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About john

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    Unknown. Maintain vigilance.

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  1. The scene in the junkyard was designed to show that he’ll go to any lengths for his principles. I don’t think he’s a psychopath, although it would’ve helped if he’d shown a moment of regret for anything other than his dads death. In the end his argument, which seems solid from most angles, came down to a means vs ends scenario and we all know how those work out in blockbuster movies. They could have been more subtle about it, maybe having Kaluuya’s character as a more thoughtful exponent of expansionism with Killmonger as his mad dog operative.
  2. Yeah, it was good. I enjoyed the James Bond elements, the epic fantasy style elements and the blending of the two. The sequence in Seoul was particularly good, though I thought the ritual combat scenes were a bit lame and the final fight scenes with the battle rhinos were pretty silly. The performances were strong (Martin Freeman’s American accent was a bit off I thought but that’s a minor quibble) and thematically it was heartfelt and relevant, if a big vague. so, it probably is one of the top three marvel movies (but the marvel movies aren’t that good, sorry guys). I preferred the thematic musings of both Winter Soldier and Civil War and the fun and frolics of the first GoTG.
  3. Actually, I read Shutter Island after seeing the film and thought film was better. Maybe that’s just how it works.
  4. I pretty much agree entirely with Ran. They made the wrong choices with what they wanted to explore in this setup. Not entirely, the empowerment of Lizzie Elliot was good, if a little trite in how they did it. And most of how they made it a multi cast story was interesting. But a lot of the other stuff was very basic Power of Love type crap that i’d rather see on Doctor Who than a supposedly sophisticated SF series. And besides that, it wasn’t very well made - plodding plot, overuse of exposition, clunky dialogue, ridiculous voiceover. However I did enjoy it, it was entertaining enough. Its interesting that Kubrick was mentioned upthread. Kubrick’s vision of the Shining was better than Stephen King’s vision. Kalogridis’s version of this material never even really had a chance to be better than Morgan’s because it was so tame. She seemed to grasp on to the immortality idea (which I don’t think is the main theme of the book but others may disagree) but didn’t say anything much interesting about it. And she’s previously done Shutter Island, which I did think was better than the book. And Night Watch, which I don’t remember enough about but I do recall it being a good film. So it’s not like the talent isn’t there but I didn’t see much of it.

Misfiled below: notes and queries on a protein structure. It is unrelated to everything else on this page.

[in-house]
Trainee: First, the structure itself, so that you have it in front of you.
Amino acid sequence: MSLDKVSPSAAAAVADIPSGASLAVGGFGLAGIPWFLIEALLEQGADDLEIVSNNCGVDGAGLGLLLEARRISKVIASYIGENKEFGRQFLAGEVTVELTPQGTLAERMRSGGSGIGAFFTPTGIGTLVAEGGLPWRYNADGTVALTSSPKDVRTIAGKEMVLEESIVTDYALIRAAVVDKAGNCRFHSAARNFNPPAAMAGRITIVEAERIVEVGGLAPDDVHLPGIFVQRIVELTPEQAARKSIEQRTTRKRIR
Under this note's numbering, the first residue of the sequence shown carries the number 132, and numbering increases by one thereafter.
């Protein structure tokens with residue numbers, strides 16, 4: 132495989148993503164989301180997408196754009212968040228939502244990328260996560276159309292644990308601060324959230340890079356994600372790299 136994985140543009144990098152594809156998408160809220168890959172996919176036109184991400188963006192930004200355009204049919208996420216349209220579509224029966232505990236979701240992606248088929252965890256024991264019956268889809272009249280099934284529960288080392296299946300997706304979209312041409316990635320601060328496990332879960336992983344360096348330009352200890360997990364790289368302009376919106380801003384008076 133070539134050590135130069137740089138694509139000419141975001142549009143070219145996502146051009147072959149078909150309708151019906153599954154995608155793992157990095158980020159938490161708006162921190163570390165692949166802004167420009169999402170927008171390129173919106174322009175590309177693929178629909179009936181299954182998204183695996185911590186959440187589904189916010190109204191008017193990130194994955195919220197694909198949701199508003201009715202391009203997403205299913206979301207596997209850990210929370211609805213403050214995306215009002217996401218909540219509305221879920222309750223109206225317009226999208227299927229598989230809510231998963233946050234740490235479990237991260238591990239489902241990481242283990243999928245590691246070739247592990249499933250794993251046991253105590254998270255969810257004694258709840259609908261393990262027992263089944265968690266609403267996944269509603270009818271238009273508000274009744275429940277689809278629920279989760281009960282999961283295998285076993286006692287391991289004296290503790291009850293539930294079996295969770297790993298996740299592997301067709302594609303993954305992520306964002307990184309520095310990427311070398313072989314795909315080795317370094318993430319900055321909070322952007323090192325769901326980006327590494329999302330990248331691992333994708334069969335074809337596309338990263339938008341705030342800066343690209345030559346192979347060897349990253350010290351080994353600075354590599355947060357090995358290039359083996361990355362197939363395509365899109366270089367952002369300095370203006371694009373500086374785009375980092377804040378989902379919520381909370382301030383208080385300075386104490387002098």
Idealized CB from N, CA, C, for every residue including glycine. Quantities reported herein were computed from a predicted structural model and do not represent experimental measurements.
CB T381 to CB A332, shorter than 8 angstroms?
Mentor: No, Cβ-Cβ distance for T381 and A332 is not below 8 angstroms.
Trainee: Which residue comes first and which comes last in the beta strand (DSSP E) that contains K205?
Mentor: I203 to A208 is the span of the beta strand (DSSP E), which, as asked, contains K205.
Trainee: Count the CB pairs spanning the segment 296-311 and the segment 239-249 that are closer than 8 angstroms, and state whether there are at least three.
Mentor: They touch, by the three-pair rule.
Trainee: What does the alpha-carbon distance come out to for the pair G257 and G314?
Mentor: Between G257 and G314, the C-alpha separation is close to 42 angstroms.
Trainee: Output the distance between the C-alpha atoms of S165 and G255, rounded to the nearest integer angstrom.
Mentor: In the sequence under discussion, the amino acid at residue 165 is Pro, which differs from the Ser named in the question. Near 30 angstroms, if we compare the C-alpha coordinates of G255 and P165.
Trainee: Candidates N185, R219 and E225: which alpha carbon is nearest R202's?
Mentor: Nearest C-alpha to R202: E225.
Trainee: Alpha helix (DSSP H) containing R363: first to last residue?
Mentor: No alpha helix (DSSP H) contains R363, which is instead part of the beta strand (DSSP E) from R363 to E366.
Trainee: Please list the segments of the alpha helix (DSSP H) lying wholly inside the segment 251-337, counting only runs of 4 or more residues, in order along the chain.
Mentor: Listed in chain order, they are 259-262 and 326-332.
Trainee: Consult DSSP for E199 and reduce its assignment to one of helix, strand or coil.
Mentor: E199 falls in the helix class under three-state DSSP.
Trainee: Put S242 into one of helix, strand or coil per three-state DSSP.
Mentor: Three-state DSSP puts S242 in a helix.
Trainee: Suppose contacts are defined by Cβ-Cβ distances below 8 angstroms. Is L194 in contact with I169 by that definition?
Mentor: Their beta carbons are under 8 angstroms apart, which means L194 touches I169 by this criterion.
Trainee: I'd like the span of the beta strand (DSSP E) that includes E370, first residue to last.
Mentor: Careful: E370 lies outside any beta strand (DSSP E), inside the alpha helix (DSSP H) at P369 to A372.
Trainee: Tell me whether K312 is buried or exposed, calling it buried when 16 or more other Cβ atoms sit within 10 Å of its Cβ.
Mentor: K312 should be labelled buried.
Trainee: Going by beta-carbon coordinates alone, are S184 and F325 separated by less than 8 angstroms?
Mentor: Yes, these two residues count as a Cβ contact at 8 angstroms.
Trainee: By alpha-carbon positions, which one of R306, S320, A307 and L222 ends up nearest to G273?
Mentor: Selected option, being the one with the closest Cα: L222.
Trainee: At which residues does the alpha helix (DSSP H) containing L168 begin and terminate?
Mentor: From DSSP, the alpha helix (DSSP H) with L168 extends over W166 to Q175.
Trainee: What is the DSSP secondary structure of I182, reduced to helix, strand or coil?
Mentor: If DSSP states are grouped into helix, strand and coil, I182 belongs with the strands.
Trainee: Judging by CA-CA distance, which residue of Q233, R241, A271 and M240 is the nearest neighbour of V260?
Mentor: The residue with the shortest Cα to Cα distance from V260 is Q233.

5. It’s not impossible to depict, it’s just difficult. Here’s two more ideas, to add to the ones Ran already suggested - Have Kovacs sitting motionless, his eyes closed and we just hear the torture going on in his head. Or show it from his POV, seeing it through his eyes, the blood flying, blades cutting or whatever. Good TV should avoid showing special converted-into-woman torture, fair enough. It should also avoid treating viewers like simpletons. Maybe the scene isn’t necessary and they’re going to dive into the theme of bodies as commodities in other ways, which is fine. But it’s already kind of worrying that they have a main actor in a role that shouldn’t have a main actor, I’m not getting that they’re particularly attached to the main premise of the story.